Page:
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Jewish World Review Oct. 29, 2002 / 23 Mar-Cheshvan, 5763

Dennis Prager

Dennis Prager
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Nice guys finish first: Thoughts on the World Series | I have never agreed with baseball manager Leo Durocher's famous statement, "Nice guys finish last." Weak guys usually finish last, but "nice" and "weak" are very different. And over the long haul of life, the decent do better than the indecent.

But even if you agree with Durocher, you have to admit that this year in Durocher's profession, the guys who finished first are very nice guys.

I will not feign disinterest. I am delighted the Anaheim Angels won the World Series. Since I moved to Southern California 27 years ago, I have been waiting for some joy from this team. But the major reason for my happiness is that the Angels are a bunch of nice guys -- not a prima donna among them and nearly all entirely unknown to almost anyone outside of Southern California (and probably to most people in Southern California, too).

How unknown? When Bud Selig, the commissioner of baseball, awarded the Series' Most Valuable Player trophy to Angels third baseman Troy Glaus, he mispronounced Glaus's name (which is Glaus as in "floss"). He called him Troy "Glouse." (Maybe he was distracted by the Mouse on Angels owner Michael Eisner's T-shirt.)

I also loved the win because I prefer Orange County's values to San Francisco's. No offense intended to the fine Giants organization, but the thought that the Bay Area, home to many of the most radical folks in America, would be celebrating a win over the traditional folks of Orange County was too painful to contemplate. And when San Francisco Mayor Willie Brown announced that San Francisco would "be embarrassed to lose to Anaheim," rooting for Anaheim became a moral obligation.

And who could not love the fact that neither the New York Yankees nor the Atlanta Braves moved past the first round of playoffs? The Yankees players are paid as much as the Angels and Giants teams (SET ITAL) combined (END ITAL). And, as for the Braves, for those of us who believe America is a good country, it is hard to care for a team partly owned by, and which plays in a stadium named after, Ted Turner. Now, for some things I didn't like.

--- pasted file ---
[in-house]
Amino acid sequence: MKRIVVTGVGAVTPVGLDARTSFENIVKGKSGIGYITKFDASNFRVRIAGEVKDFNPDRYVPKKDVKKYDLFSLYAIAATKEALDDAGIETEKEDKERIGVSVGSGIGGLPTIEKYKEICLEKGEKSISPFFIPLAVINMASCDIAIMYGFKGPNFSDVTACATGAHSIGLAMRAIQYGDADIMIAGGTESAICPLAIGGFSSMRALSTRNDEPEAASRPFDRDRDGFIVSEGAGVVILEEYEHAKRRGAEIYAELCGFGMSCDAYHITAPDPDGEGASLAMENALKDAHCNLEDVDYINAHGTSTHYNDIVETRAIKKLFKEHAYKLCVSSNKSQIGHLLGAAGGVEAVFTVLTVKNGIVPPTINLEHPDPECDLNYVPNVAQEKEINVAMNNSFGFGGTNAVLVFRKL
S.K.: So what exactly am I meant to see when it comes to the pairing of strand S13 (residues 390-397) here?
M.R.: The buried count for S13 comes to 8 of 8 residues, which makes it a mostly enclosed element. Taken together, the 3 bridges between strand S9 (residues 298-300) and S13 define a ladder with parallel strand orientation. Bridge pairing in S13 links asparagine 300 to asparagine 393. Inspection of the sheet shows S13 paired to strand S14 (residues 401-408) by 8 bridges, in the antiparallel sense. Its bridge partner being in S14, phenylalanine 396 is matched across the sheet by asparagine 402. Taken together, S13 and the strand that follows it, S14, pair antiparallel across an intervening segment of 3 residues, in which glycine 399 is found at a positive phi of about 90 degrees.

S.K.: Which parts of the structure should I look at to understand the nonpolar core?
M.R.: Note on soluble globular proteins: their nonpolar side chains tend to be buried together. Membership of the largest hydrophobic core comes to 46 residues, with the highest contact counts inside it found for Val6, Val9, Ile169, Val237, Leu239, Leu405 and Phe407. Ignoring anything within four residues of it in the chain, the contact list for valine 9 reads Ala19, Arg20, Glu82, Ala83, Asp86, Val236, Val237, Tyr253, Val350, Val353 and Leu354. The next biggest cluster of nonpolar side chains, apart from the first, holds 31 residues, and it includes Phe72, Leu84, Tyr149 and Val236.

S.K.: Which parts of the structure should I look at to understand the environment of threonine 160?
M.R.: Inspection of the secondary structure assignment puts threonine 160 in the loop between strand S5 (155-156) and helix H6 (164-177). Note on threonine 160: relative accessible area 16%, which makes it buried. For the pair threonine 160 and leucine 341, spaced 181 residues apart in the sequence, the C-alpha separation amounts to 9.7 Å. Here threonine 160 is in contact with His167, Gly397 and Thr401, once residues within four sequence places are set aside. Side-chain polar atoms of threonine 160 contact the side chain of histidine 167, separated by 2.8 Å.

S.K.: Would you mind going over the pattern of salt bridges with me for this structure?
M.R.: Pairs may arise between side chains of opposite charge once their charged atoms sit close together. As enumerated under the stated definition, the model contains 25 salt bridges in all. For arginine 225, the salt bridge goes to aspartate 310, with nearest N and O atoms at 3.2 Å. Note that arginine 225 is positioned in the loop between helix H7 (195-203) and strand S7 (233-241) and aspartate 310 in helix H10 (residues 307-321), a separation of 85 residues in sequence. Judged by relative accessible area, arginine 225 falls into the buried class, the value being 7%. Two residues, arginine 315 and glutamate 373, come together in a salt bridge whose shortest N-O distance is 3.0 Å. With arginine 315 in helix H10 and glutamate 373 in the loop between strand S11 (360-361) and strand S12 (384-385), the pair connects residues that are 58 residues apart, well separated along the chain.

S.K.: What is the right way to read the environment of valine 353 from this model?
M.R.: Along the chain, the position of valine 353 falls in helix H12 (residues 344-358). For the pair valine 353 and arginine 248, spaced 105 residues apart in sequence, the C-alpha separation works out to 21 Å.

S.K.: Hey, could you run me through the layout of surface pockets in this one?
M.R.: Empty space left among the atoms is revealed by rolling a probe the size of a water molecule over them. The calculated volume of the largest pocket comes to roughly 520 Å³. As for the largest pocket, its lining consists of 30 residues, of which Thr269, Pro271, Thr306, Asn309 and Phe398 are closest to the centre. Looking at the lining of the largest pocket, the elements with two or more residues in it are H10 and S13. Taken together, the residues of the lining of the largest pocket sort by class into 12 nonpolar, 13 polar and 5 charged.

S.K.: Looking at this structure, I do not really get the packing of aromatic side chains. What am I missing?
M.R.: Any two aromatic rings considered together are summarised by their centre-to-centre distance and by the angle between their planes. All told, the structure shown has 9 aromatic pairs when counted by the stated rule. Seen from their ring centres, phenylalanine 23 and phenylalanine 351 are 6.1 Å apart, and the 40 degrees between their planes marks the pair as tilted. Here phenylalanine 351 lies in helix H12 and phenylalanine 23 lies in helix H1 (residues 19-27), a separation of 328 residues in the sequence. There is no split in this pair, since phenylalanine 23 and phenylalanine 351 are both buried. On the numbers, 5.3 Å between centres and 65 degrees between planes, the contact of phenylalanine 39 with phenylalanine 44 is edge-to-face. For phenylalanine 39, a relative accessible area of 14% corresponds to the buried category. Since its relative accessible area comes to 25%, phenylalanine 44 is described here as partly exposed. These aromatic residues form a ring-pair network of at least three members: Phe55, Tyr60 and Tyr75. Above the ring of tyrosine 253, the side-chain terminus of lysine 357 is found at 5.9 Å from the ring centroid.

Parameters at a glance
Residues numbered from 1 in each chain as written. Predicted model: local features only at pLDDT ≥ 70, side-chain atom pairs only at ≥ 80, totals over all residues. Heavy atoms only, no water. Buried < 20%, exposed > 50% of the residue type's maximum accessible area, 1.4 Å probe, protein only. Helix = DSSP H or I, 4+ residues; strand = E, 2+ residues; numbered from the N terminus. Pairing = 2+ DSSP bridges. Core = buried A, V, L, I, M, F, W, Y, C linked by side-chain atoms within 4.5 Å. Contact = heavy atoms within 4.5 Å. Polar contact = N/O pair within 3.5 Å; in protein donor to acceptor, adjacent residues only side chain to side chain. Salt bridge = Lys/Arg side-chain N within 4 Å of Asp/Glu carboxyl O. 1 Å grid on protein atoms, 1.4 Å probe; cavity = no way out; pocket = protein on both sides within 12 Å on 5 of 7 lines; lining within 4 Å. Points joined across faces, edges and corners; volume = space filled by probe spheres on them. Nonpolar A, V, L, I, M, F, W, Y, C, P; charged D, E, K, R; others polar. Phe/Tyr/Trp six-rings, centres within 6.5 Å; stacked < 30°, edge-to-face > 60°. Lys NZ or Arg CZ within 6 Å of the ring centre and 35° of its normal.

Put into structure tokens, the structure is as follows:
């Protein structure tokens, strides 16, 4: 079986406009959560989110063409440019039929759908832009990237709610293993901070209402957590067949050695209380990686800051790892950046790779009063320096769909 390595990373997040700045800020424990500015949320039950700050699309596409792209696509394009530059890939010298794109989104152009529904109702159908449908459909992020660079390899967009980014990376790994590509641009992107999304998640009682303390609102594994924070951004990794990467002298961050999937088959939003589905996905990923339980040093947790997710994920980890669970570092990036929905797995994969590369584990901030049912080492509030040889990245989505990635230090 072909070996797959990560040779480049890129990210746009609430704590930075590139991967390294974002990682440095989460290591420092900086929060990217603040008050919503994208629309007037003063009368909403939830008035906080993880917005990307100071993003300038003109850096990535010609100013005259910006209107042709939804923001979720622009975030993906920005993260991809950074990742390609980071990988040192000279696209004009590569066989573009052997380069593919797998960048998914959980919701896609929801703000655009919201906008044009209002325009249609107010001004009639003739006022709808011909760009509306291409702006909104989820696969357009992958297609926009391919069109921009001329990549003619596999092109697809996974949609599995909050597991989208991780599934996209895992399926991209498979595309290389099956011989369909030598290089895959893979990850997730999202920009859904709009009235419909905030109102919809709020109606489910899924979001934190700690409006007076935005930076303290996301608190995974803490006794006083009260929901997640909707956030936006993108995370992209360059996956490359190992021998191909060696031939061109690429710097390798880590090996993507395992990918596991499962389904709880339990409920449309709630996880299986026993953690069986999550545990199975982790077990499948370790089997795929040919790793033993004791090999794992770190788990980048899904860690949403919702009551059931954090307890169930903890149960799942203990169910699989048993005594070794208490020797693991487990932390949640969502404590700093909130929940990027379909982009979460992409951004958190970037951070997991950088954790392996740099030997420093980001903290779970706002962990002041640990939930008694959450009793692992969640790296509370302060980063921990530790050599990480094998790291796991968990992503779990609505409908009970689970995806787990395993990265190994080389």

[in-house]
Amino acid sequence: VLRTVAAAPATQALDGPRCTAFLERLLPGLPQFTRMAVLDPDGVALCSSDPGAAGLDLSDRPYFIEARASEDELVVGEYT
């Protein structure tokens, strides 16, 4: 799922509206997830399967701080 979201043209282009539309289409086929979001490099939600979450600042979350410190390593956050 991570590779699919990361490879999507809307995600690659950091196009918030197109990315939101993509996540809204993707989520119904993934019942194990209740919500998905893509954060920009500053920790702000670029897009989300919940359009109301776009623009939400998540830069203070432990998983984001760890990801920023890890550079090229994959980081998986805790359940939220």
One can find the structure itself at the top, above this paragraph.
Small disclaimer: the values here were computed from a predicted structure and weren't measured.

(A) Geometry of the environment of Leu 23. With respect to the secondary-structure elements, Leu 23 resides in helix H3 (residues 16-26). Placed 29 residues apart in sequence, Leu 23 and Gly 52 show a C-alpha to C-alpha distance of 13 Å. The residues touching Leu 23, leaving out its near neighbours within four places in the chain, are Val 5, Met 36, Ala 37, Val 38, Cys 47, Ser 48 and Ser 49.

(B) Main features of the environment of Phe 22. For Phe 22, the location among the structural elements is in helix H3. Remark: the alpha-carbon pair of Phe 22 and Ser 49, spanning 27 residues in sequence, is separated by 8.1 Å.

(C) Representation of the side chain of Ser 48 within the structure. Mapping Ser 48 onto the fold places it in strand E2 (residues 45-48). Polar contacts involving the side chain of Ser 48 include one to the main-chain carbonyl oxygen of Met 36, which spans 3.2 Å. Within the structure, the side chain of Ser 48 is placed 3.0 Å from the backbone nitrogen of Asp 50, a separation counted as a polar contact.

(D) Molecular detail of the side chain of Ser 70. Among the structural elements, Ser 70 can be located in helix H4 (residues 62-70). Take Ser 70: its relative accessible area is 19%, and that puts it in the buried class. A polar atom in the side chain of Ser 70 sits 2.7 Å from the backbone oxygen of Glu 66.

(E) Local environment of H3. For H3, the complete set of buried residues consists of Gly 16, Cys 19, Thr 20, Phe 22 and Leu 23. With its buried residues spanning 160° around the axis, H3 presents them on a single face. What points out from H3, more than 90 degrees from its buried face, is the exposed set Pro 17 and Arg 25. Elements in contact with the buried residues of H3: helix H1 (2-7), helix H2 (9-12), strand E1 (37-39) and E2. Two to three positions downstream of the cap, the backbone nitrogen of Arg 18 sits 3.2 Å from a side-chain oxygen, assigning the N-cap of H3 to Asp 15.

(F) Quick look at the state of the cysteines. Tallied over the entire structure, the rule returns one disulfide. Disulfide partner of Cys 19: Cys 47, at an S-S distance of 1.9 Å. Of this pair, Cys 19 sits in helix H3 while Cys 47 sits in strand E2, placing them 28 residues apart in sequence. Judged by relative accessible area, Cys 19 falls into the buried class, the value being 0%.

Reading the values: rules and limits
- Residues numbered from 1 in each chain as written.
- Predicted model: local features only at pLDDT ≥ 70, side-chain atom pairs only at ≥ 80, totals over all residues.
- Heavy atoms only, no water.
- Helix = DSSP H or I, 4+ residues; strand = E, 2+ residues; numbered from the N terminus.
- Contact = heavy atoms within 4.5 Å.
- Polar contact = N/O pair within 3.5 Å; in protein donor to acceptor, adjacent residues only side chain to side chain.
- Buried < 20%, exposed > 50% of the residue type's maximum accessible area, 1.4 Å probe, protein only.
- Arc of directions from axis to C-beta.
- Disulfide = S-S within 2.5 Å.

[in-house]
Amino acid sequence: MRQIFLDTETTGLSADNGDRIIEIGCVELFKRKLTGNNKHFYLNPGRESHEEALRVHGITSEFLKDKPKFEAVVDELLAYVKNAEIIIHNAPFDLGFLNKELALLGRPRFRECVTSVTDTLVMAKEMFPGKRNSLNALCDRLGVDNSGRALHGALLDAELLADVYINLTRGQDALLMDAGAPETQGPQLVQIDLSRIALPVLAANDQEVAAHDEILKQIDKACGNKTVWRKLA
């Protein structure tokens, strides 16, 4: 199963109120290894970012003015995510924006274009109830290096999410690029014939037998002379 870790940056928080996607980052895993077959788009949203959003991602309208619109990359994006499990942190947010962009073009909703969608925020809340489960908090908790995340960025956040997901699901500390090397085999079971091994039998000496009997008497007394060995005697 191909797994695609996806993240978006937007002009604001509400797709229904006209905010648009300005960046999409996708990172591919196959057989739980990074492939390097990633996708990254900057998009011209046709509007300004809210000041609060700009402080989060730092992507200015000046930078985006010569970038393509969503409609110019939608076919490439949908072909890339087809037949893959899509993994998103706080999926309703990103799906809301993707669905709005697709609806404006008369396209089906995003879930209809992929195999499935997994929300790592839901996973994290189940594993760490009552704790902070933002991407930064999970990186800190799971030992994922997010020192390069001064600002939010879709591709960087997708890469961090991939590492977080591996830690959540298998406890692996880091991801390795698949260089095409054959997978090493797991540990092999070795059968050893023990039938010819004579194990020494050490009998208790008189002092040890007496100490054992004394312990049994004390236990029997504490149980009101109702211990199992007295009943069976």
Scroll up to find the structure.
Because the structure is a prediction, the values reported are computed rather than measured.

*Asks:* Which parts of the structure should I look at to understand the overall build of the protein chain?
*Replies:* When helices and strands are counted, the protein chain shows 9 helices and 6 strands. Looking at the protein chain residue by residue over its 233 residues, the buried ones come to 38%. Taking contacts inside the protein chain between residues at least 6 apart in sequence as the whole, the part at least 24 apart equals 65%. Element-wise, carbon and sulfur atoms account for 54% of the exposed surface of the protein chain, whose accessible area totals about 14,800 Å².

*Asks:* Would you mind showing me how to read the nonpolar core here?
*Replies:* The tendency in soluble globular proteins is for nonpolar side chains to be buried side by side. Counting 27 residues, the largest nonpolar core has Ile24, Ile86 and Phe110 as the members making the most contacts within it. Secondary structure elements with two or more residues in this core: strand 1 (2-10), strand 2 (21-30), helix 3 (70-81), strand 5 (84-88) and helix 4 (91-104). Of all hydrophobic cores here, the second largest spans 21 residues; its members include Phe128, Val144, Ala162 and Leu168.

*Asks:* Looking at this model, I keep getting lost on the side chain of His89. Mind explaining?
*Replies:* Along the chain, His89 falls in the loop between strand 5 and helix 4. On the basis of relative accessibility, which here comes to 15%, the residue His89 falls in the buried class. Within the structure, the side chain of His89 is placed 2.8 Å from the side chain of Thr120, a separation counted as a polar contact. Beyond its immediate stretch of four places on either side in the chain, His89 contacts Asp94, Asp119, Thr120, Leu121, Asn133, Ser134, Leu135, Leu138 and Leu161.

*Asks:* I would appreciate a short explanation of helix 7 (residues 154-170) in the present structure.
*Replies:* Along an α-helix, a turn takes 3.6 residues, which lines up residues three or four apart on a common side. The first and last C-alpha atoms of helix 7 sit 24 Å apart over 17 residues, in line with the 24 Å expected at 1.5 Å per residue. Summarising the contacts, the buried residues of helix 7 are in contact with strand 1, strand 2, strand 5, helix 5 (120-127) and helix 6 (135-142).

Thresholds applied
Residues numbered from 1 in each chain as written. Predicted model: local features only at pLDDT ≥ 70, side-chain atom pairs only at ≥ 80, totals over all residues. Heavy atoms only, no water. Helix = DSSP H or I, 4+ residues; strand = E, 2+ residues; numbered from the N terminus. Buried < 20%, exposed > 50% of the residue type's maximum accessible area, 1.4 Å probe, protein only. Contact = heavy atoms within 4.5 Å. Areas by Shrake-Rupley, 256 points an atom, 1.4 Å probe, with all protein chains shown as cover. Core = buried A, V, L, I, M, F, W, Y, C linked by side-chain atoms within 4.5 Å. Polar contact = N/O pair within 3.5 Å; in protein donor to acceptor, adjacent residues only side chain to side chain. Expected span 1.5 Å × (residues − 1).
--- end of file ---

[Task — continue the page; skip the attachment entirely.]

I did not like all the little sons of players in the Giants' dugout. Whether it was manager Dusty Baker's idea -- his 3-year-old son was so ubiquitous, he had to be lifted by Giant J.T. Snow after the player crossed home plate lest the tot be trampled by another Giants player running right behind him -- or just another San Francisco idea to be different and overthrow tradition, it reeks of narcissism. Perhaps when the nation got to see Dusty's little boy crying hysterically when his dad's team lost, the idea may have lost some of its cuteness even to fans who liked it.

I also didn't like the Fox TV ads. It's quite sad that Fox, America's raunchiest and most superficial network, has the rights to televise baseball. Only 17-year-old boys with more testosterone than brain matter could find appealing any of the Fox TV series relentlessly promoted between innings. Not a single show interested this adult male. And since baseball has done everything possible to avoid appealing to young people, I don't know whom the ads appealed to. I sometimes wish that all TV became pay-TV, without ads. The price we pay in having our young people bombarded with primitive promos and beer ads is considerably greater than any nominal price we would be charged to watch the World Series. In my home, we muted all the ads to keep our sanity and to protect our 9-year-old's remaining innocence.

And am I alone in finding Barry Bonds standing still after he hits a home run obnoxious (not to mention narcissistic)? Mere mortals run the bases when they hit home runs, not stand around and then slowly trot around the bases.

Apparently, the TV ratings for World Series games gets lower each year. I'm sorry to hear that. It doesn't speak well for baseball, a sport whose owners and players' union in their boundless greed seem to do whatever they can to alienate Americans from their national pastime. And it doesn't speak well for the public, which apparently finds the lack of violence and the slow, cerebral pace boring.

But for those who watched two wildcard teams climb to the pinnacle of baseball and then watched one dramatic game after another, it was easy to fall in love with baseball all over again. Even if the Giants had won.

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JWR contributor Dennis Prager hosts a national daily radio show based in Los Angeles. He is a director of Empower America and the author of "Happiness is a Serious Problem". Click here to visit his website and here to comment on this column.


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© 2002, Creators Syndicate